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Promoting Competition to Reduce Drug Spending
CVS Health Chief Policy and External Affairs Officer and General Counsel Tom Moriarty weighed in on a panel that examined the pharmaceutical supply chain.
Recently, I participated on a panel at The Brookings Institution on Fostering Competition in the Pharmaceutical Distribution Chain. The panel included:
Matthew Eyles, executive vice president, policy and regulatory affairs at America’s Health Insurance Plans;
B. Douglas Hoey, CEO of the National Community Pharmacists Association; and
Christine Simmon, senior vice president, policy & strategic alliances at the Association for Accessible Medicines, as well as executive director of the Biosimilars Council.
We discussed our reactions to a proposal focused on fostering competition in the generic drug marketplace, and I raised four points that are key to driving greater competition and better value in our health care system:
1. Generic Drugs Help Control Drug Spend
Although generic drugs account for the majority of drugs dispensed, they only account for a fraction of drug spending overall, helping to keep prices down for payors and consumers. Multiple data points from a variety of researchers and drug trend reports have supported this, including research from the U.S. Food and Drug Administration (FDA).1
We’ve also seen the positive impact of increasing generic drug utilization for our clients and members. In fact, our 2017 Drug Trend report showed that generic utilization was a moderating force on overall drug trend – the year-over-year measure of prescription drug spending.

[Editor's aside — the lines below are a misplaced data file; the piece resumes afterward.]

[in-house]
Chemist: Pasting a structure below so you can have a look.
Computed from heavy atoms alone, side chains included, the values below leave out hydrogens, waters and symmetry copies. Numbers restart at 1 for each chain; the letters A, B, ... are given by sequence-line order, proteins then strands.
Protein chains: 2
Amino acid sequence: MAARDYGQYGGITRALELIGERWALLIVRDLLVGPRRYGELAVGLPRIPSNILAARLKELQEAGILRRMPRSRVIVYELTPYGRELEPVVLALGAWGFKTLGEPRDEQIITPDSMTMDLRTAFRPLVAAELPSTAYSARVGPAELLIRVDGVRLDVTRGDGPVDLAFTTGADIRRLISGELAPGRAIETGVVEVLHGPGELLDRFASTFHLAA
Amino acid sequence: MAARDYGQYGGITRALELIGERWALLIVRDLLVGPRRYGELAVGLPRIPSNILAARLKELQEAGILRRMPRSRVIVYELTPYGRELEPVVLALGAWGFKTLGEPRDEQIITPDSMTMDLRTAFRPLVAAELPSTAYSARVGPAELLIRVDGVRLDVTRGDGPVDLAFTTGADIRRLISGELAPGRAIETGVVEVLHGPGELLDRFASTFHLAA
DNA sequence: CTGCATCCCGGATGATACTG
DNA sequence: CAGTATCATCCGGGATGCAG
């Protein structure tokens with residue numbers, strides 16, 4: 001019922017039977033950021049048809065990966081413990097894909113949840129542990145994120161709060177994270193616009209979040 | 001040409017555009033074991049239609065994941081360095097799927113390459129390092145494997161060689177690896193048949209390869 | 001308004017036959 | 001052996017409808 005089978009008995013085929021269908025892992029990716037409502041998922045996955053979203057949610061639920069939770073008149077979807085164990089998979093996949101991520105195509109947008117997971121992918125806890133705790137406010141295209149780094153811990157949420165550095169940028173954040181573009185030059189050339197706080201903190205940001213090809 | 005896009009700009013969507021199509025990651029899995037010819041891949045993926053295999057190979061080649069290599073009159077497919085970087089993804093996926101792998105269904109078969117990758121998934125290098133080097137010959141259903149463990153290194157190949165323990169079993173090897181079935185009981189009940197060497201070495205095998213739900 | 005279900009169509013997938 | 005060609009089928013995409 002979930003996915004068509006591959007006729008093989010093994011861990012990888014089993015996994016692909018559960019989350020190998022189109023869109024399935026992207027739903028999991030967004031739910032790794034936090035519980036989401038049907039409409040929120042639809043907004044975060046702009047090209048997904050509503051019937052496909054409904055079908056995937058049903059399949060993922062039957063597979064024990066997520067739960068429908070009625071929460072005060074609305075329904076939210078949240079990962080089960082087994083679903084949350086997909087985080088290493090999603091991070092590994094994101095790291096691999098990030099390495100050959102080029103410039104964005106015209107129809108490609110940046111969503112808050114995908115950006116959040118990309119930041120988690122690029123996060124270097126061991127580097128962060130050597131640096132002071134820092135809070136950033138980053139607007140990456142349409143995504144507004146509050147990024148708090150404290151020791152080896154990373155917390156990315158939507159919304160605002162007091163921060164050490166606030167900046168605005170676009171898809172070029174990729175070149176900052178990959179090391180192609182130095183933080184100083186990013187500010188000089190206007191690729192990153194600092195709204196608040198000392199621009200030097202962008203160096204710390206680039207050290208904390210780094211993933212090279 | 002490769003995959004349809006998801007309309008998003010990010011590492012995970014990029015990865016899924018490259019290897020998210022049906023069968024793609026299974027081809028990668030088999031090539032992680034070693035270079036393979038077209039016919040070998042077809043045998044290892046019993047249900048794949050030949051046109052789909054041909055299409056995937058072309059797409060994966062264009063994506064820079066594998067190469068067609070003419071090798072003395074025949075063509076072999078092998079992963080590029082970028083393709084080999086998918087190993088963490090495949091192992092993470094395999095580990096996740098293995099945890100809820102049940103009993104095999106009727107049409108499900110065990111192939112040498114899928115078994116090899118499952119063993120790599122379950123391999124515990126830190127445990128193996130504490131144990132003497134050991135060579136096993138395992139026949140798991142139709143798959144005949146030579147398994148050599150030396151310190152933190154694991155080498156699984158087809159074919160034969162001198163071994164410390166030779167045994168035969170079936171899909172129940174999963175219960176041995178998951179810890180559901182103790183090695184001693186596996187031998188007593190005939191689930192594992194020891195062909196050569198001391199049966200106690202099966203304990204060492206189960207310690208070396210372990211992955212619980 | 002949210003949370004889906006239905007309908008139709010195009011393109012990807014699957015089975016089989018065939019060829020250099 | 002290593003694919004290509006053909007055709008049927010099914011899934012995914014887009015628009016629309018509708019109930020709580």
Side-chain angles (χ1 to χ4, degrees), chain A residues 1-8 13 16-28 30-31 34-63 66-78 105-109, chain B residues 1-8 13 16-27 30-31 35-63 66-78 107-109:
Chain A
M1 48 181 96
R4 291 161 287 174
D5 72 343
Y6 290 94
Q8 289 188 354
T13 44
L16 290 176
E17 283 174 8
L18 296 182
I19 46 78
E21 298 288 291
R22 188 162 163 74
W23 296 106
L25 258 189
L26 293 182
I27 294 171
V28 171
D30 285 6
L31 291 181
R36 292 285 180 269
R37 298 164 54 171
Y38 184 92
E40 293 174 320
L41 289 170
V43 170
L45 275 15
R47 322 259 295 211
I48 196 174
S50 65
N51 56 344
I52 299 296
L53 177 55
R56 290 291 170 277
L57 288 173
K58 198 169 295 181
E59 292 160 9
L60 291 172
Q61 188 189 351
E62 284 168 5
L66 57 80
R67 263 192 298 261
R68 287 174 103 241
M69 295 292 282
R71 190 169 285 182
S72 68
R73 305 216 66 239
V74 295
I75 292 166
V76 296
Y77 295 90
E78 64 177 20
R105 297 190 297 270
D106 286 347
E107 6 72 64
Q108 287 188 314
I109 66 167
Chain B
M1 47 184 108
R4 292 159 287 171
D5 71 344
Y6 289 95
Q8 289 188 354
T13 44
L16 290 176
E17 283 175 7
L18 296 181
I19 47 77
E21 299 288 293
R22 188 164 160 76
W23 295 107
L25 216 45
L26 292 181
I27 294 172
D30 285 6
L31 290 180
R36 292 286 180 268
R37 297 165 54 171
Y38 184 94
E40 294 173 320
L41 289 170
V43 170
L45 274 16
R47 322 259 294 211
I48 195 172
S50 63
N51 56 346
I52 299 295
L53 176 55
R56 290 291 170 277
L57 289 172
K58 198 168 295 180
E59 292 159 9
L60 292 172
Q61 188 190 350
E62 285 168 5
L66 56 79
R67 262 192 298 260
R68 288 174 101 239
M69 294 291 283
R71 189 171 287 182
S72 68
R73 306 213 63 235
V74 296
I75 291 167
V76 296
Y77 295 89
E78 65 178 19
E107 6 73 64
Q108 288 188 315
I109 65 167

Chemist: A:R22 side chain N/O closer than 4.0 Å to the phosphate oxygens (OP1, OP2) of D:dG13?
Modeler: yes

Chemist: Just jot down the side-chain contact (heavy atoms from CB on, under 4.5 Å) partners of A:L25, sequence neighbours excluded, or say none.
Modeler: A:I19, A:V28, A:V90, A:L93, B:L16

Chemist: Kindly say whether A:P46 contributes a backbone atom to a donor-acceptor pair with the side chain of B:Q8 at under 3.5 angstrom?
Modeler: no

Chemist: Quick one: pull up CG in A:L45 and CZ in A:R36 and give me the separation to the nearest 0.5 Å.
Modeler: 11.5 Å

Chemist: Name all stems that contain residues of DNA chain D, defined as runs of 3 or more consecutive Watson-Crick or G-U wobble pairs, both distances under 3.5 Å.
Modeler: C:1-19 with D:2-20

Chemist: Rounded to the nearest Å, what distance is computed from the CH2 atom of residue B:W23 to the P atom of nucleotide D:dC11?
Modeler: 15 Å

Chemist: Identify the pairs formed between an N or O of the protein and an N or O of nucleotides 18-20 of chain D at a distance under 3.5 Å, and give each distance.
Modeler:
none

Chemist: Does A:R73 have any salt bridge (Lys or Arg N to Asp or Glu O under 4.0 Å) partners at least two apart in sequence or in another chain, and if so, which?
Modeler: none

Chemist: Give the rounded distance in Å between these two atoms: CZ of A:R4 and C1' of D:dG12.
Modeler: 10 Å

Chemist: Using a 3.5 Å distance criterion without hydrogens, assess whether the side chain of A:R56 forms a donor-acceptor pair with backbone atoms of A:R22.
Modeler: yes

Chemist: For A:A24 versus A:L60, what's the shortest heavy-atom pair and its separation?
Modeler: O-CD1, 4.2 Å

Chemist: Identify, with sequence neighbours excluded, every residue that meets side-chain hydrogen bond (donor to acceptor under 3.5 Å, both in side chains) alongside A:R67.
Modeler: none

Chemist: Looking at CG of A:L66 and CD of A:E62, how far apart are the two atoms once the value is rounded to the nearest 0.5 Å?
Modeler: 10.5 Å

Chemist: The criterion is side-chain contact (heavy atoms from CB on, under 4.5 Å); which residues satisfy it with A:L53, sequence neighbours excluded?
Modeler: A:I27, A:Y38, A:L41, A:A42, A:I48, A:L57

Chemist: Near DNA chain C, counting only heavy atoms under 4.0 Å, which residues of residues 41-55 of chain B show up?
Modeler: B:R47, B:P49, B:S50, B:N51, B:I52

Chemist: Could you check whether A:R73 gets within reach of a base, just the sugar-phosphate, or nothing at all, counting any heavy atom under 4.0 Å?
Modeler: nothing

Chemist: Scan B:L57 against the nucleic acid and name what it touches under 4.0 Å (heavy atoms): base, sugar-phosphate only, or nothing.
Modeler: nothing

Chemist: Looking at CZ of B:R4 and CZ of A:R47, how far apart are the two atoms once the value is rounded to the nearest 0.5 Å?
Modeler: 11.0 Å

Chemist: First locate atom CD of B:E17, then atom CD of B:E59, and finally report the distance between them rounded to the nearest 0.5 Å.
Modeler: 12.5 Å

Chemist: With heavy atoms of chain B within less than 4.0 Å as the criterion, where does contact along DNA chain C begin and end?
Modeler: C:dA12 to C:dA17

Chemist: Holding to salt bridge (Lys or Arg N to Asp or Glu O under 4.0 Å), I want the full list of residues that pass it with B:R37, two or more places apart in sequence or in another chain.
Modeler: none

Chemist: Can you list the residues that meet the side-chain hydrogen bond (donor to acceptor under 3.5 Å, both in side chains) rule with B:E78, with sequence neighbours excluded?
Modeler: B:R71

2. Competition from Generics and Biosimilars is Key
An important way to continue driving down drug spending is to support reforms that promote competition via generic and biosimilar market entries. Currently, there is a considerable backlog of generic drug applications pending review and approval at the FDA. Clearing this backlog would allow thousands of generic drugs to enter markets in therapeutic categories where there is little to no competition, which will in turn help to drive down drug prices.
In addition, we need to also address the application pathway itself, as there were fewer generic manufacturers filing new generic applications last year. Creating a more efficient pathway will help incentivize generic manufacturers and speed entry to market.
Finally, biosimilars, which are commonly thought of as generic versions of biologic drugs, have great potential for bringing down costs of these often expensive, specialty therapies. Compared to other countries, the U.S. is lagging behind in bringing these drugs to market, but we see great potential and believe they can have a similar impact that they’ve had in global markets, such as Europe and Japan. That said, it is vital that we work to streamline the biosimilar approval pathway now, so we can better support competition in biologic markets going forward.
3. Generics and Driving Value for the System
Our health system needs to find ways to increase value for patients, like efforts to promote competition with generics and biosimilars. At CVS Health, we are exploring ways to ensure our clients are getting the highest possible value from drug spend relative to the outcomes the drugs deliver. This includes our strategic formulary approach that optimizes the use of clinically equivalent alternatives to branded drugs, and supporting policies that help drive market competition.
4. Pharmacists Play an Important Role
Our pharmacists engage with patients every day, and pharmacy care will become increasingly important as our system continues to move toward value-based care, with a greater focus on patient outcomes. In fact, studies have shown that pharmacist engagement improves medication adherence, which can lead to better health outcomes, fewer (often costly) adverse events and lower overall health care costs.
For more information on how CVS Health is working to ensure consumers have access to affordable medicines, visit our Rising Drug Prices information center. And to stay informed about the most talked-about topics in health care, register for content alerts and our bi-weekly health care newsletter.